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Finally, the most effective superhero movie performances out of them all goes to the villain: the Joker in "The Dark Knight." Heath Ledger's take around the iconic Batman villain brings the Joker's menace, macabre humor, and love for chaos in an package that is the most suitable illustrated from the chilling "magic trick" scene through which he gouges out a mobster's eye with a pencil. The Joker comes across as perpetually rich in nervous energy and near violence. Small mannerisms like constantly licking his lips and nervously looking around, combined with menacing voice Ledger developed, make this Joker one among Batman fans'favorites. These actors under no circumstances provide the only real five examples of nuanced acting in superhero films. "Captain America: The First Avenger" has Chris Evans as an uncomfortable but well-meaning superhero, "Spider-Man" has Toby MacGuire portraying one of the most well-known adaptation of Peter Parker, and "Iron Man" has got the snarky and suave Tony Stark played by Robert Downey Jr. While comic strip films may seem like shallow entertainment, actors can have fun playing the roles well enough for making audiences suspend their disbelief.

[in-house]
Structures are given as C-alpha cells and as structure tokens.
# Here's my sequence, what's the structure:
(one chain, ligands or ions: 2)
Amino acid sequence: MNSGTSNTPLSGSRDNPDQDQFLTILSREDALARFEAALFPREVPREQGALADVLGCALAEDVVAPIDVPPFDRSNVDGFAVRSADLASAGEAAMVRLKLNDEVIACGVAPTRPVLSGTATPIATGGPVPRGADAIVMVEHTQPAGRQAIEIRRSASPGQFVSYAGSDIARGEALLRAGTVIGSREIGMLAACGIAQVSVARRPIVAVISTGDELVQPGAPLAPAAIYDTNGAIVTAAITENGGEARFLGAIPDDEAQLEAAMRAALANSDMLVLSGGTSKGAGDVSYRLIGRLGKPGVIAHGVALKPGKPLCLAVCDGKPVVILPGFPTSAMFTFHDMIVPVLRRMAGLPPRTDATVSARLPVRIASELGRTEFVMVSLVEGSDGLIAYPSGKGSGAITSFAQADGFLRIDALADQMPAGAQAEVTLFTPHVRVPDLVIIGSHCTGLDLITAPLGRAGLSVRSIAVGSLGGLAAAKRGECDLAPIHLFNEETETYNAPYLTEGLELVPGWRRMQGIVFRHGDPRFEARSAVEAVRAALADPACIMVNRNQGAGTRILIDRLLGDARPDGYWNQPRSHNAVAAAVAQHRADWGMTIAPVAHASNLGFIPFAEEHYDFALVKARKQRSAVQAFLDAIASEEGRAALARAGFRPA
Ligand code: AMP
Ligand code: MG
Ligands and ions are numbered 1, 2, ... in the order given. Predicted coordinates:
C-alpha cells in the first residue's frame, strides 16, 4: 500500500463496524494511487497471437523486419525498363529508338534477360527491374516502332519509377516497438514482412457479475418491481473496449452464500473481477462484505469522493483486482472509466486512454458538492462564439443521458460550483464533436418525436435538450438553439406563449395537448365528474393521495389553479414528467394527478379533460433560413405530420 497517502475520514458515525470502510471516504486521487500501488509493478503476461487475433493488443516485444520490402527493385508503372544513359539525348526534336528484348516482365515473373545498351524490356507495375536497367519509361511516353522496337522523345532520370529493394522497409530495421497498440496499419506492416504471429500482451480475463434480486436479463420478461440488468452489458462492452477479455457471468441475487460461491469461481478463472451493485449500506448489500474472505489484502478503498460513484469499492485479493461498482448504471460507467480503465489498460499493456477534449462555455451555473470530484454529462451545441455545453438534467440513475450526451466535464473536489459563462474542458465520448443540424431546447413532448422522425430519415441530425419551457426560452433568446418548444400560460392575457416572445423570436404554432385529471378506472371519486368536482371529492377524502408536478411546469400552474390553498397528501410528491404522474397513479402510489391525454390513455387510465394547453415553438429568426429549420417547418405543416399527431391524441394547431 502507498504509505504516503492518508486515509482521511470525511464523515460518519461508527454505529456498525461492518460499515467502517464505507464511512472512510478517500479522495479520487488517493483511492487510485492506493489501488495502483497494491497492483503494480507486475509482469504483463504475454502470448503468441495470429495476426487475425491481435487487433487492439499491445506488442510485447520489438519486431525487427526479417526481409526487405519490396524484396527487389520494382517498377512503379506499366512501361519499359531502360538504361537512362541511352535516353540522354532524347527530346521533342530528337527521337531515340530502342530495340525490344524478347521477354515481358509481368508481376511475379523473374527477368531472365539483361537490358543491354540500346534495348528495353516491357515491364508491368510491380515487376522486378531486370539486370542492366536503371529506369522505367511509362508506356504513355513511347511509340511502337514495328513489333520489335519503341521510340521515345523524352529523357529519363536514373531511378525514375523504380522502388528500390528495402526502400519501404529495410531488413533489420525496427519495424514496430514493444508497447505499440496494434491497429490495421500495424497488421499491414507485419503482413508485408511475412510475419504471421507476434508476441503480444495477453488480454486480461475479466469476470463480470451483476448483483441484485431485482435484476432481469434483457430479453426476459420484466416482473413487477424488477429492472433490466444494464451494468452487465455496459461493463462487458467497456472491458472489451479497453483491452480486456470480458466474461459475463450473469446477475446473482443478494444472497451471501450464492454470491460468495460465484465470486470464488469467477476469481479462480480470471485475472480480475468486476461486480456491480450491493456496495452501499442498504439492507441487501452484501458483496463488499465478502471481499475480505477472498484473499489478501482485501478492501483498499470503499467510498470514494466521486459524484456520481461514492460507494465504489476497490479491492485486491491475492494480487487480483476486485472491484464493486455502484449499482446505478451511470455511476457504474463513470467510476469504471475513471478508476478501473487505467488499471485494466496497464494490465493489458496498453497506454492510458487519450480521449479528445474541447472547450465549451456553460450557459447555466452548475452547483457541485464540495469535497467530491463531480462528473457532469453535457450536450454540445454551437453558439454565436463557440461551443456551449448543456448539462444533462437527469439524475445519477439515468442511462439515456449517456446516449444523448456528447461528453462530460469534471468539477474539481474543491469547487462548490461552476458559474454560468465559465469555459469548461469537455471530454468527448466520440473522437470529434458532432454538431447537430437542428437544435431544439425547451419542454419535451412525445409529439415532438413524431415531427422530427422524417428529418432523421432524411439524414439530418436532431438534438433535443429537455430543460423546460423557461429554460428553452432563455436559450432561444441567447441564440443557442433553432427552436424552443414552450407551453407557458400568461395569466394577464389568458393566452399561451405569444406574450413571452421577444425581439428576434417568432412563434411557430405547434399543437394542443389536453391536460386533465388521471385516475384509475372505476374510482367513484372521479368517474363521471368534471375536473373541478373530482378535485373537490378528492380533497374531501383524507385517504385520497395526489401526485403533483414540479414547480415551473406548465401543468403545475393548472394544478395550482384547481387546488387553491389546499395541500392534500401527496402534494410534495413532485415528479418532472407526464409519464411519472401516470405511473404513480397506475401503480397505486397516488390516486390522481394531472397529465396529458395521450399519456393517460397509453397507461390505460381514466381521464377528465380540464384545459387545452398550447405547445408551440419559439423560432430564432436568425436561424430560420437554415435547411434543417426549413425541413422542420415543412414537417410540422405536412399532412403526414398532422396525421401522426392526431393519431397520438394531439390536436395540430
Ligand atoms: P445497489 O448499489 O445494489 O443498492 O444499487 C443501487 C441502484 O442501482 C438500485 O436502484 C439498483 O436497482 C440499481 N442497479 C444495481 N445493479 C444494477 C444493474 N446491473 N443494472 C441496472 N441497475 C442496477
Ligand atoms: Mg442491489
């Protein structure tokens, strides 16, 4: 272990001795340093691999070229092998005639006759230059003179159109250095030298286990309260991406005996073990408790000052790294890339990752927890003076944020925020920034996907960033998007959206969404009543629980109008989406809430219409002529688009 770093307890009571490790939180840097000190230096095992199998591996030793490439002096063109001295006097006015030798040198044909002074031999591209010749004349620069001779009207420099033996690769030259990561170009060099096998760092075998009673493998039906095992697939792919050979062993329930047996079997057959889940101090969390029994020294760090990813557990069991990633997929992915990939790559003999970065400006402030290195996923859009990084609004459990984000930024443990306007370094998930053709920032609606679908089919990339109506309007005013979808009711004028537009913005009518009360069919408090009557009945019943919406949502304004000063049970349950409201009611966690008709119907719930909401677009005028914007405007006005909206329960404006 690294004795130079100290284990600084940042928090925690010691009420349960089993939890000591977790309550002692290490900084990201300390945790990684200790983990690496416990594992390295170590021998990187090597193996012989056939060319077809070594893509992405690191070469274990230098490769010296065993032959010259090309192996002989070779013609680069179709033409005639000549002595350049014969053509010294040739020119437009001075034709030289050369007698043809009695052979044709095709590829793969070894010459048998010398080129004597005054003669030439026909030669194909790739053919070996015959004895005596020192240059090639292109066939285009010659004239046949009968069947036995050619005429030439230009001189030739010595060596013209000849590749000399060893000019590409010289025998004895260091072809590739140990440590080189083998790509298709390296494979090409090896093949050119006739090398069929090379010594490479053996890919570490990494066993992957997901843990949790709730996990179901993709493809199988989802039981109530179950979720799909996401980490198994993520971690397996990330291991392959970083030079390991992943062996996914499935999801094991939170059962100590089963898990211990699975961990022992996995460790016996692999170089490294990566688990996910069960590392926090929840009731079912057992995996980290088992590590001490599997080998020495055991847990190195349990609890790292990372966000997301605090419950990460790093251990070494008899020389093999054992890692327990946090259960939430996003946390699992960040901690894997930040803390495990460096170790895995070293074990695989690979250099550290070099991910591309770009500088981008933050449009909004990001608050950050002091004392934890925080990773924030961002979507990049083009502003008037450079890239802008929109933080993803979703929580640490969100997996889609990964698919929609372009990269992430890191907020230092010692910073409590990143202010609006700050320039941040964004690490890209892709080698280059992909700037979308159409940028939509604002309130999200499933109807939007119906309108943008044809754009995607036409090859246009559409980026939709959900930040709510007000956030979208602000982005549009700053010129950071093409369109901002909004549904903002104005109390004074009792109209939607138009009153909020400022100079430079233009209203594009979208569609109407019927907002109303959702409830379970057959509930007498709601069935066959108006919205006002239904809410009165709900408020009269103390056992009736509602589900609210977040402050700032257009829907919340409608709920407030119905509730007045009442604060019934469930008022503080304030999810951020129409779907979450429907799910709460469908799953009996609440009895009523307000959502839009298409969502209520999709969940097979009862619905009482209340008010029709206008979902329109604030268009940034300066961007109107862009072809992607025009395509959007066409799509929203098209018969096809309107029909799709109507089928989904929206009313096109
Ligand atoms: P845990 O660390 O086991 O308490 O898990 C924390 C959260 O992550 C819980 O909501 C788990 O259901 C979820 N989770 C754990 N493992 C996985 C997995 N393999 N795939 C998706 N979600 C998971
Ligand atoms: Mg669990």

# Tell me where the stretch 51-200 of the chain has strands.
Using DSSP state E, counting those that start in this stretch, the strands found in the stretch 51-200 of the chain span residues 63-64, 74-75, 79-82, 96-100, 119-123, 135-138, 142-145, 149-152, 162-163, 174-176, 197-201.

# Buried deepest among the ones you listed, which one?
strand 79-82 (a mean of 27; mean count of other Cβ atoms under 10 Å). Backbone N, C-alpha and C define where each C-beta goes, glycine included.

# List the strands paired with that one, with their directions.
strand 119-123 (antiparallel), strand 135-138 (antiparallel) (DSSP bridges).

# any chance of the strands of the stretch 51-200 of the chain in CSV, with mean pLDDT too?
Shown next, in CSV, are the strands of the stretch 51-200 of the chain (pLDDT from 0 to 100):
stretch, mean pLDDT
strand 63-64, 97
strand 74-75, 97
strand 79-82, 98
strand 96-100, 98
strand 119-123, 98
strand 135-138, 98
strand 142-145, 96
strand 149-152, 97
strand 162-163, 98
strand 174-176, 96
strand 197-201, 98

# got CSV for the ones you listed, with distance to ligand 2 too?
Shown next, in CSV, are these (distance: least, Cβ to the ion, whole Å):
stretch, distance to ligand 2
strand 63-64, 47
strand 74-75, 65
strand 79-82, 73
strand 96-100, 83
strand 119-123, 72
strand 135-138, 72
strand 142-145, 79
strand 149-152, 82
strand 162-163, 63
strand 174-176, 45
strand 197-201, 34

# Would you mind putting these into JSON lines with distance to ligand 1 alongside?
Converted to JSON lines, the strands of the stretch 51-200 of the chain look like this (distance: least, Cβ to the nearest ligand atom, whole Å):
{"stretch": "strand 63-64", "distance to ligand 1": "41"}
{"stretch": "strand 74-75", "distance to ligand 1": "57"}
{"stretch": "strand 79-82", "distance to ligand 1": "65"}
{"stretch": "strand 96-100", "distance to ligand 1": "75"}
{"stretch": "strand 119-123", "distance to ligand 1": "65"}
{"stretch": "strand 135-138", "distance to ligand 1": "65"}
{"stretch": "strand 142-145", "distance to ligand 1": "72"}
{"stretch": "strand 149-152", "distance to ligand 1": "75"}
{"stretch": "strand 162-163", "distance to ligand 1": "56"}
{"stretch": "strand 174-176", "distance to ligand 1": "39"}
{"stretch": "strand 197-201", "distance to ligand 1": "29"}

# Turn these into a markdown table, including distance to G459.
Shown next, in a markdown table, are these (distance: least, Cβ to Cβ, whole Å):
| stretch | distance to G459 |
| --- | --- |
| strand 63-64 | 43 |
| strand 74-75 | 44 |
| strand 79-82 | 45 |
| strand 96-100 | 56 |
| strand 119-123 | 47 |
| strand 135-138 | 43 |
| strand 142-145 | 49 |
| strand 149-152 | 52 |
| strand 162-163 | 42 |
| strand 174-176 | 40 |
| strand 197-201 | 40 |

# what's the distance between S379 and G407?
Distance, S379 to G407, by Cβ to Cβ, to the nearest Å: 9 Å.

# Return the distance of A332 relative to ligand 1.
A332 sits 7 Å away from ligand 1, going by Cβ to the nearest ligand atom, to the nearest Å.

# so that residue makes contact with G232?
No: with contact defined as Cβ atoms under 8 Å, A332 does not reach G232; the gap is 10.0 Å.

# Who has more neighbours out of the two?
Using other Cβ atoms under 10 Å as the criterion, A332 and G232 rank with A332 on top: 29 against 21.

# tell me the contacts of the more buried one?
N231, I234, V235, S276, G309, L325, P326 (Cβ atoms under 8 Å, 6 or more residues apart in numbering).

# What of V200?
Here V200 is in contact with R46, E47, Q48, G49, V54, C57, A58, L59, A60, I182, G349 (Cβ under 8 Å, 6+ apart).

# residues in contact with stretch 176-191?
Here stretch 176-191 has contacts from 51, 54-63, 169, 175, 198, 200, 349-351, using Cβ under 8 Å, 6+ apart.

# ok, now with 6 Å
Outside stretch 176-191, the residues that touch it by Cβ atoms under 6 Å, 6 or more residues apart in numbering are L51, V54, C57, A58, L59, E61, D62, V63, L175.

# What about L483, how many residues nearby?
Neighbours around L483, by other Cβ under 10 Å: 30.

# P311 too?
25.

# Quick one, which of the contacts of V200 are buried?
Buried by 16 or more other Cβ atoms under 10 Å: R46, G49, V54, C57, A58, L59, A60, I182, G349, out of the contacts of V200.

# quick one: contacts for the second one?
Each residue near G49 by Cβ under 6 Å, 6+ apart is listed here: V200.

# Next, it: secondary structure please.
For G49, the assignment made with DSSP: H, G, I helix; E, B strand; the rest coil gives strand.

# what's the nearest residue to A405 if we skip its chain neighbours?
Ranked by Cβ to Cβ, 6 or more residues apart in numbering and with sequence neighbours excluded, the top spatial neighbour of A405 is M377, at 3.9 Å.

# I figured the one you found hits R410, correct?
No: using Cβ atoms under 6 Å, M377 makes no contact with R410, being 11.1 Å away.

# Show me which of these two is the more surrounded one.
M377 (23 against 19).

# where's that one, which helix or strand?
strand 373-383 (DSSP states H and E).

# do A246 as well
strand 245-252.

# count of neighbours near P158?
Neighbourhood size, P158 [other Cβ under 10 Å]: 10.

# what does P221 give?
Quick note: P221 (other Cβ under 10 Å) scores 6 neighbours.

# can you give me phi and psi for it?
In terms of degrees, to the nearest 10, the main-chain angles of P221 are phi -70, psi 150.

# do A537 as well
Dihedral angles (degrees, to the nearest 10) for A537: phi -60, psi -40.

Cops Go Into Funeral Home, Attempt To Unlock Phone With Dead Man\'s Fingerprint


Cops Go Into Funeral Home, Attempt To Unlock Phone With Dead Man\'s Fingerprint

Cops Go Into Funeral Home, Attempt To Unlock Phone With Dead Man\'s Fingerprint

Source:Ars Technica

Cops Go Into Funeral Home, Attempt To Unlock Phone With Dead Man\'s Fingerprint

Cops Go Into Funeral Home, Attempt To Unlock Phone With Dead Man\'s Fingerprint


Cops Go Into Funeral Home, Attempt To Unlock Phone With Dead Man\'s Fingerprint

Cops Go Into Funeral Home, Attempt To Unlock Phone With Dead Man\'s Fingerprint


Cops Go Into Funeral Home, Attempt To Unlock Phone With Dead Man\'s Fingerprint

Cops Go Into Funeral Home, Attempt To Unlock Phone With Dead Man\'s Fingerprint

Source:The Daily Dot

Cops Go Into Funeral Home, Attempt To Unlock Phone With Dead Man\'s Fingerprint